R Altan-Yaycioglu, E Akpek, W Stark
corneal opacity, peters' anomaly, sectoral iridectomy
R Altan-Yaycioglu, E Akpek, W Stark. Improvement of Corneal Opacity in Peters' Anomaly. The Internet Journal of Ophthalmology and Visual Science. 2003 Volume 3 Number 1.
A 5-week-old male presented with Peters' anomaly. Corneal transplantation was deferred and the patient underwent an optical sector iridectomy in his better eye with central leukoma and iridocorneal adhesions. At six months following surgery, there was a decrease in corneal opacity. The most recent ophthalmic examination was performed at age 42 months. The cornea was considerably clearer, and the child had a visual acuity of 20/50. Optical sector iridectomy should be considered, in selected cases of Peters' anomaly.
Peters' anomaly is among the most common causes of congenital corneal opacities requiring keratoplasty. Despite modern surgical techniques, visual outcome after corneal transplantation is less than desirable due to a multitude of postoperative complications such as graft failure, cataract, retinal detachment, and glaucoma (1). Atropinization of the pupil, rotating corneal autograft and optical iridectomy all have been proposed as alternatives, in selected cases.
We performed optical sector iridectomy in a patient with Peters' anomaly and observed a decrease in corneal opacity with excellent visual outcome.
A male child was born 6 weeks prematurely via spontaneous vaginal delivery following an unremarkable pregnancy. He was nursed for 3 weeks in a neonatal unit where photophobia and lacrimation along with cloudiness of his corneas were noted by the nursing staff. Two weeks after discharge, he was examined at the Cornea and External Disease Service of The Wilmer Eye Institute. He had no nystagmus. An examination under general anesthesia revealed total corneal opacity in the right eye (OD). Left eye (OS) showed central corneal opacity with a small clear area superotemporally (Figure 1A). Anterior chamber structures could be visualized through this area; a mildly oval pupil and a clear lens were noted. Corneal diameters were 8.5 x 7.5mm OD and 9.5 x 7.5mm OS.
The child was diagnosed with Peters' anomaly. Detailed family history was unremarkable. Available family members were examined and no corneal or other anterior segment abnormalities were found.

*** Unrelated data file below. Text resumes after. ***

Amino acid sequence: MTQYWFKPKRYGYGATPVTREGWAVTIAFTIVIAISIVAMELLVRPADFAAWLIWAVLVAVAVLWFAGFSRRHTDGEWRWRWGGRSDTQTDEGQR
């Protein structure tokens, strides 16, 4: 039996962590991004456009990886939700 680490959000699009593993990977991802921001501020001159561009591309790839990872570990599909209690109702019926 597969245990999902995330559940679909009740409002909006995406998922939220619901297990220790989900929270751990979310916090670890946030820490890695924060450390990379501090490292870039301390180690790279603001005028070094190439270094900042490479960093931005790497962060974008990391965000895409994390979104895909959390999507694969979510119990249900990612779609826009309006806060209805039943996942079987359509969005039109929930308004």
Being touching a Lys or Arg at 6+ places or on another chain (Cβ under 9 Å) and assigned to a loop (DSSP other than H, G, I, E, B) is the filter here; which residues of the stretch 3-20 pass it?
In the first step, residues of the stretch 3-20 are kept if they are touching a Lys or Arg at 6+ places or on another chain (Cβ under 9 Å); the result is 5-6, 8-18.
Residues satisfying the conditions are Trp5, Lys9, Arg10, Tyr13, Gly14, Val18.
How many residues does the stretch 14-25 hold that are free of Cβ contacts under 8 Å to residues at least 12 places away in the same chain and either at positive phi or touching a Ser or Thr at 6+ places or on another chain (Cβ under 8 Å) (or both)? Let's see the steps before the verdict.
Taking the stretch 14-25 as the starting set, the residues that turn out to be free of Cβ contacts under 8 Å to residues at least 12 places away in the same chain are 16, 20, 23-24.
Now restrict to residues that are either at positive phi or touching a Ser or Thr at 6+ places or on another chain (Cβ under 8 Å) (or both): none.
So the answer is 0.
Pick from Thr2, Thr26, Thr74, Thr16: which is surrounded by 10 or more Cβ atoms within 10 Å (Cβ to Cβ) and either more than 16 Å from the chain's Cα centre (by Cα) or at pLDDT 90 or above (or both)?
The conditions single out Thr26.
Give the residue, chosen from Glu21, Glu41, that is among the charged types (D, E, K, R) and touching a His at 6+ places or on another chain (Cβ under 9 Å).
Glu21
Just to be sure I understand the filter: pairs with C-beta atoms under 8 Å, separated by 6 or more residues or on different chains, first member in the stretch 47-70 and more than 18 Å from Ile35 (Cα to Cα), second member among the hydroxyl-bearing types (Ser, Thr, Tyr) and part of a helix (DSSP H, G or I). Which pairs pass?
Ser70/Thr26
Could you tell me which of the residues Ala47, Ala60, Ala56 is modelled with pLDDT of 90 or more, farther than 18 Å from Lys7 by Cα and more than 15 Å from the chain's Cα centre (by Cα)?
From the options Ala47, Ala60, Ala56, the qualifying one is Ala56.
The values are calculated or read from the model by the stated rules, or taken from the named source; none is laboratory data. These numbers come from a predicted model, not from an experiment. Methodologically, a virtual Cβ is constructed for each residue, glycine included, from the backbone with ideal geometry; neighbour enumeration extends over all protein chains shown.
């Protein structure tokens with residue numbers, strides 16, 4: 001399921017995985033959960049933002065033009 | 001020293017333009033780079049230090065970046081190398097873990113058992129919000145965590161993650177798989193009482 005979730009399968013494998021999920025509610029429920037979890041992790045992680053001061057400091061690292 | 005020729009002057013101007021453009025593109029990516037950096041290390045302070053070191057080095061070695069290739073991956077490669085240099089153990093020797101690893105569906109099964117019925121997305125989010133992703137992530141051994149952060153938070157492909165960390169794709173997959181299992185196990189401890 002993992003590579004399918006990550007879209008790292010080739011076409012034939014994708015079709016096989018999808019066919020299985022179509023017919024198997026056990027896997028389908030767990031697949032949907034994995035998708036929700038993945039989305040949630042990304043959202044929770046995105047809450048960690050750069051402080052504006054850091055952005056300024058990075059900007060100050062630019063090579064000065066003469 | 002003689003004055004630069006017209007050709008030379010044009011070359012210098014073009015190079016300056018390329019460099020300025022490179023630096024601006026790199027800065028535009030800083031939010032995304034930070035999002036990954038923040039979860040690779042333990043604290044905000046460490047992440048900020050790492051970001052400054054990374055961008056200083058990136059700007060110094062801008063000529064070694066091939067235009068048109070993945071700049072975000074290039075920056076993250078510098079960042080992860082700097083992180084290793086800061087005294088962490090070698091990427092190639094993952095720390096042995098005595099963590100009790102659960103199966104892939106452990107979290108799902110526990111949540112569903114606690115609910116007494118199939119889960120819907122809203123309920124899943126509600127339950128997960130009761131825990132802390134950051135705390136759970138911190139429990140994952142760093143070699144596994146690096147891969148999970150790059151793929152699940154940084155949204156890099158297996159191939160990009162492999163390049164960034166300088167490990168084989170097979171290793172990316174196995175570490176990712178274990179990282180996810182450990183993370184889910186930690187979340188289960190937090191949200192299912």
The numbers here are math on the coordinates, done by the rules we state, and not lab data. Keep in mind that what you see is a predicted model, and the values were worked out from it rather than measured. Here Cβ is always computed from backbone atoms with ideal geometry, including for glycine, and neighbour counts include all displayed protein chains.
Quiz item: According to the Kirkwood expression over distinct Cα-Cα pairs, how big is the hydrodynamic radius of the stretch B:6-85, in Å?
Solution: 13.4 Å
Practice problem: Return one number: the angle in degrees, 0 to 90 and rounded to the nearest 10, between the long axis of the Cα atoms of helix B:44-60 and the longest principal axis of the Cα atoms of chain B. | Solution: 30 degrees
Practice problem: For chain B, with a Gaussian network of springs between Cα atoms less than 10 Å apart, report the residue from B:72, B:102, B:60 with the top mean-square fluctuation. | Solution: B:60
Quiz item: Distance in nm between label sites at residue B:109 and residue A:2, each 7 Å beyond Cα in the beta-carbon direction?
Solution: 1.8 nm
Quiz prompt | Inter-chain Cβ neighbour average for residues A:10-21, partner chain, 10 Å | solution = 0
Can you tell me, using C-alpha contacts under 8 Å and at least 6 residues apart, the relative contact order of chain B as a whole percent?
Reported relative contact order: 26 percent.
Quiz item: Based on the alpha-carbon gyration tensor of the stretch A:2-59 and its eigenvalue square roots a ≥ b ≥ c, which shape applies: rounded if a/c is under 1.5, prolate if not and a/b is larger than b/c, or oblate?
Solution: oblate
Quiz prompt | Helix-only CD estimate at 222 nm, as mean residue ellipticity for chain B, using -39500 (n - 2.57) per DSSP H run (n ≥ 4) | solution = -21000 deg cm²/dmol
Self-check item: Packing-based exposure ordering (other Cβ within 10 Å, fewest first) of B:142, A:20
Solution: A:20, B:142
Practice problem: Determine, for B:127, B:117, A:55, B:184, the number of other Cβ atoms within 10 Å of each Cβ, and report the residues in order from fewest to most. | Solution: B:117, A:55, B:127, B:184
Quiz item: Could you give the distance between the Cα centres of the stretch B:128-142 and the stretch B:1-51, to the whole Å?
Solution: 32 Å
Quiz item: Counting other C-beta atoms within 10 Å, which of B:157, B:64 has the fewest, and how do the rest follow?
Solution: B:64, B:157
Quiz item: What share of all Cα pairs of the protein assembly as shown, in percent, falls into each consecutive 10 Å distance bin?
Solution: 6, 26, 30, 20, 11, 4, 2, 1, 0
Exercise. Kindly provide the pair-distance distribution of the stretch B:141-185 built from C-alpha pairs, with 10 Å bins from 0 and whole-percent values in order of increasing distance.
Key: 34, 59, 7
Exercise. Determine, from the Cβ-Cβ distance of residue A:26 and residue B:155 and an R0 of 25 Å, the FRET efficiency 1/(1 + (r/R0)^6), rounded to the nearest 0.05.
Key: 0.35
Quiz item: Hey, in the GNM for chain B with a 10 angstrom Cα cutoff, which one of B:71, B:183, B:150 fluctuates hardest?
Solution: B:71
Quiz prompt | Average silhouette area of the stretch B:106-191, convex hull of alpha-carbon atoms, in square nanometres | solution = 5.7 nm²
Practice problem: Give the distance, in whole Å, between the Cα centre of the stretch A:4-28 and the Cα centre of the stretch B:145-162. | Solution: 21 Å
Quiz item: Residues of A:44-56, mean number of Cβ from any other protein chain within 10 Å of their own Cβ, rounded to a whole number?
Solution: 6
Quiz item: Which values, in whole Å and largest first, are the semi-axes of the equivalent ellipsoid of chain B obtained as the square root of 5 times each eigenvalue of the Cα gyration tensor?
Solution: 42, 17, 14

In the following 3 weeks, corneal opacity did not change. Thus, a decision to operate the left eye was made. Mechanical separation of iridocorneal adhesions and a large sectoral optical iridectomy was performed at the superior quadrant (Figure 1B). Indirect fundus examination through the iridectomy, at the completion of the surgery, provided a 60-degree view and demonstrated normal retina, vessels and optic nerve.
Six months after surgery a decrease in the corneal opacity was noted (Figure 2). The child was followed closely for an additional 36 months. The latest ophthalmic examination demonstrated a significantly clearer cornea with a visual acuity of 20/50 and normal intraocular pressure.
Early visual rehabilitation must be considered in patients with Peters' anomaly, due to the devastating amblyopic effects of dense central leukomas. Penetrating keratoplasty is currently the most commonly performed procedure, with considerably low graft survival rates due to difficulties in surgical technique as well as high rate of immune rejection. Secondary glaucoma requires multiple additional surgical procedures and is associated with a poorer visual outcome. Unfortunately, only 1/3 of patients maintain a clear graft long-term, with varying functional visual outcomes (2). Earlier work suggested postponing surgery until the patient is about 1-year-old (3).
Optical sector iridectomy was recommended as a conservative surgical approach, alternative to corneal transplantation, with comparable visual results and significantly less post-operative complications (4). In present case with Peters' anomaly, we performed sector iridectomy. The cornea cleared considerably and the patient gained excellent visual acuity. Peters' anomaly of the cornea is likely to result from a faulty migration of the first wave of neural crest cells (5), with a discontinuous endothelial layer. Descement's membrane and endothelium are present beneath the area of the corneal opacity except at the points of iris adhesion (6). In our case, it is not possible to determine whether the corneal clearing was spontaneous or facilitated by surgical intervention. However, we hypothesize that removal of iridocorneal adhesions might have helped in the migration of the remaining normal endothelial cells to form a somewhat continuous layer.
Visual iridectomy in Peters' anomaly seems to be the most adequate approach in cases with a large clear corneal area enabling the performance of a functional visual iridectomy. Optical sector iridectomy should be considered, in selected cases of Peters' anomaly.
Rana Altan-Yaycioglu, MD Baskent University, School of Medicine, Adana Teaching & Medical Research Hospital, Department of Ophthalmology, Dadaloglu Mah, 39. Sok, No: 6, Yuregir, 01250, Adana, Turkey. Phone#: (90) 532 373 55 85 Fax#: (90) 322 327 12 73 email: firstname.lastname@example.org